The Society for Marine Mammalogy Biennial Conference 2015

This week-long conference in December was full of impressive research that included 15 presentations about some of our recent findings.

science-tThere are, of course, the obvious jokes about pods of whales, or herds of seals gathering along the coast. In reality, it was an assembly of almost 3,000 eager scientists gathering in San Francisco to attend the 21st Biennial Meeting on the Biology of Marine Mammals. For a week from December 12-18th, 2015, they attended a series of specialized workshops and day-long scientific presentations.

Fuelled by their scientific curiosity and copious amounts of coffee, the Conference gave participants the opportunity to exchange the latest information on the marine mammals they work with and set up future collaborations. Consortium scientists were well represented, presenting the results of their latest studies in the form of both oral and poster presentations (see below for list of 15 papers presented).

For scientists, it is not just sufficient to conduct top-tier research; they also need to disseminate their findings in an effective fashion to other scientists, stakeholders, and the general public. Consortium researchers were also well represented among the awards for top presentations. PhD student Austen Thomas took home the Frederic Fairfield Memorial Award, which recognizes best use of new technology, for his work on diet quantification through fecal DNA. David Rosen also took home the “Wow Factor” Award for outstanding presentation, a talk given entirely in verse, which he reprised at the end of the awards ceremony (it is now posted on the MMRU facebook page).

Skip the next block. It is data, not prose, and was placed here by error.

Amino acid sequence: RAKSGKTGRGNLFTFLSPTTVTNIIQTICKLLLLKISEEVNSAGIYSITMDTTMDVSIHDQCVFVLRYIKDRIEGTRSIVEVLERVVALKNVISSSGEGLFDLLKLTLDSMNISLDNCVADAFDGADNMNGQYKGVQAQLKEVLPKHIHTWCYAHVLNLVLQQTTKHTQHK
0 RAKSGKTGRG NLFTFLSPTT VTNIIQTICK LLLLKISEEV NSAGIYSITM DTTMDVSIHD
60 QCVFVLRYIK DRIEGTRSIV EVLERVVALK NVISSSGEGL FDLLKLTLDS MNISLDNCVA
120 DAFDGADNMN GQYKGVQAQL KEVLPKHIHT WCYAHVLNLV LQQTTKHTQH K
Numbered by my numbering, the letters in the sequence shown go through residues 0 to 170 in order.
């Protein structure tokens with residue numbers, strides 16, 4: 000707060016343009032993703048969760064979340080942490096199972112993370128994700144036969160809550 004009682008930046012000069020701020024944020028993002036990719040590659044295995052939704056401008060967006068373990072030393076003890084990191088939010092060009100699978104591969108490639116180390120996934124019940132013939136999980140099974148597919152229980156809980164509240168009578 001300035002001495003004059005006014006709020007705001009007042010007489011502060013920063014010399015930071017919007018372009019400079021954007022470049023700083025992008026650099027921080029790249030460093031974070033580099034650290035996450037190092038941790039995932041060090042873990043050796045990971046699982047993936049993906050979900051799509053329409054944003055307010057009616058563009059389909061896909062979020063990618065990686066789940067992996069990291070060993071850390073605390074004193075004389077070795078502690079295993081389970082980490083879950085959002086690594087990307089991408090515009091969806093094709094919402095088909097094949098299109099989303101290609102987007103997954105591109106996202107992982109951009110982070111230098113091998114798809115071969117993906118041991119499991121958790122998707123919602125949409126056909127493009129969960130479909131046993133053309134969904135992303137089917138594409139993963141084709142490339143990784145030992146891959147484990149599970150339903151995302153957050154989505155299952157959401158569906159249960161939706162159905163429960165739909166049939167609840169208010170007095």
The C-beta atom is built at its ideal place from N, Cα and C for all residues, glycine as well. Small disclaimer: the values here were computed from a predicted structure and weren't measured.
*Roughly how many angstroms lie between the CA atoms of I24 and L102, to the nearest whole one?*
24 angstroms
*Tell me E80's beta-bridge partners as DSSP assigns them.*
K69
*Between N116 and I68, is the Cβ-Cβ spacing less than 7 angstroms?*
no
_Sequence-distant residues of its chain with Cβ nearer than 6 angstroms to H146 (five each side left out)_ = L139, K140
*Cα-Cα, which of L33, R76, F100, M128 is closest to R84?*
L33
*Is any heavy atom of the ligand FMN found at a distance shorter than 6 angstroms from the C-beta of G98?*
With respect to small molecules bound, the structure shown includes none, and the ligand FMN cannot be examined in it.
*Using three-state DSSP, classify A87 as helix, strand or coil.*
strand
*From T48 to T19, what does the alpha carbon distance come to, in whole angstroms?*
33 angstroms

MMRU researchers either made or were co-authors on the following 15 presentations:

  • Hot spots of harbour seal predation during the out-migration of salmon smolts. [Hassen Allegue et al]
  • Thirty years and counting: Prey abundance affects the birth rate and timing of pupping of South American fur seals in Peru. [Susana Cárdenas-Alayza et al.]
  • Engine efficiency: Does prey diversity matter more than prey quality for northern fur seals to assimilate energy? [Mariana Diaz Gomez et al.]
  • Northern fur seals as monitors of production changes. [Megan Foley et al.]
  • Bowhead whale foraging ecology in the Eastern Canadian Arctic: Implications for climate change. [Sarah Fortune et al.]
  • Consequences of changes in prey abundance on foraging efficiency in Steller sea lions. [Elizabeth Goundie et al.]
  • A novel coccidian parasite, Sarcocystis pinnipedi, caused significant mortality in grey seals (Halichoerus grypus) in the western north Atlantic. [Katherine Haman et al.]
  • Accelerometers can measure total and activity-specific energy expenditure in free-ranging marine mammals only if linked to time-activity budgets. [Tiphaine Jeanniard-du-Dot et al.]
  • Methodology for analyzing at-sea dive behaviour of northern fur seals in the Bering Sea. [Ruth Joy et al.]
  • Acoustic evidence of fin whale population structure in the eastern North Pacific. [Barbara Koot et al.]
  • Lost and found: Behavioral responses by bowhead whales near seismic surveys lead to underestimates of abundance. [Frances Robertson et al.]
  • Dining and Diving: The physiological interactions between digestion and food acquisition in a marine mammal, the Steller sea lion. [David Rosen et al.]
  • Nutritional and dietary influences on metabolic hormones in northern fur seals (Callorinus ursinus). [Cheyanne Ruben et al.]
  • In search of the diet analysis Holy Grail: Quantifying prey biomass using high-throughput scat DNA sequencing. [Austen Thomas et al.]
  • The decline of northern fur seals on the Pribilof Islands: Is it food? [Andrew Trites et al.]

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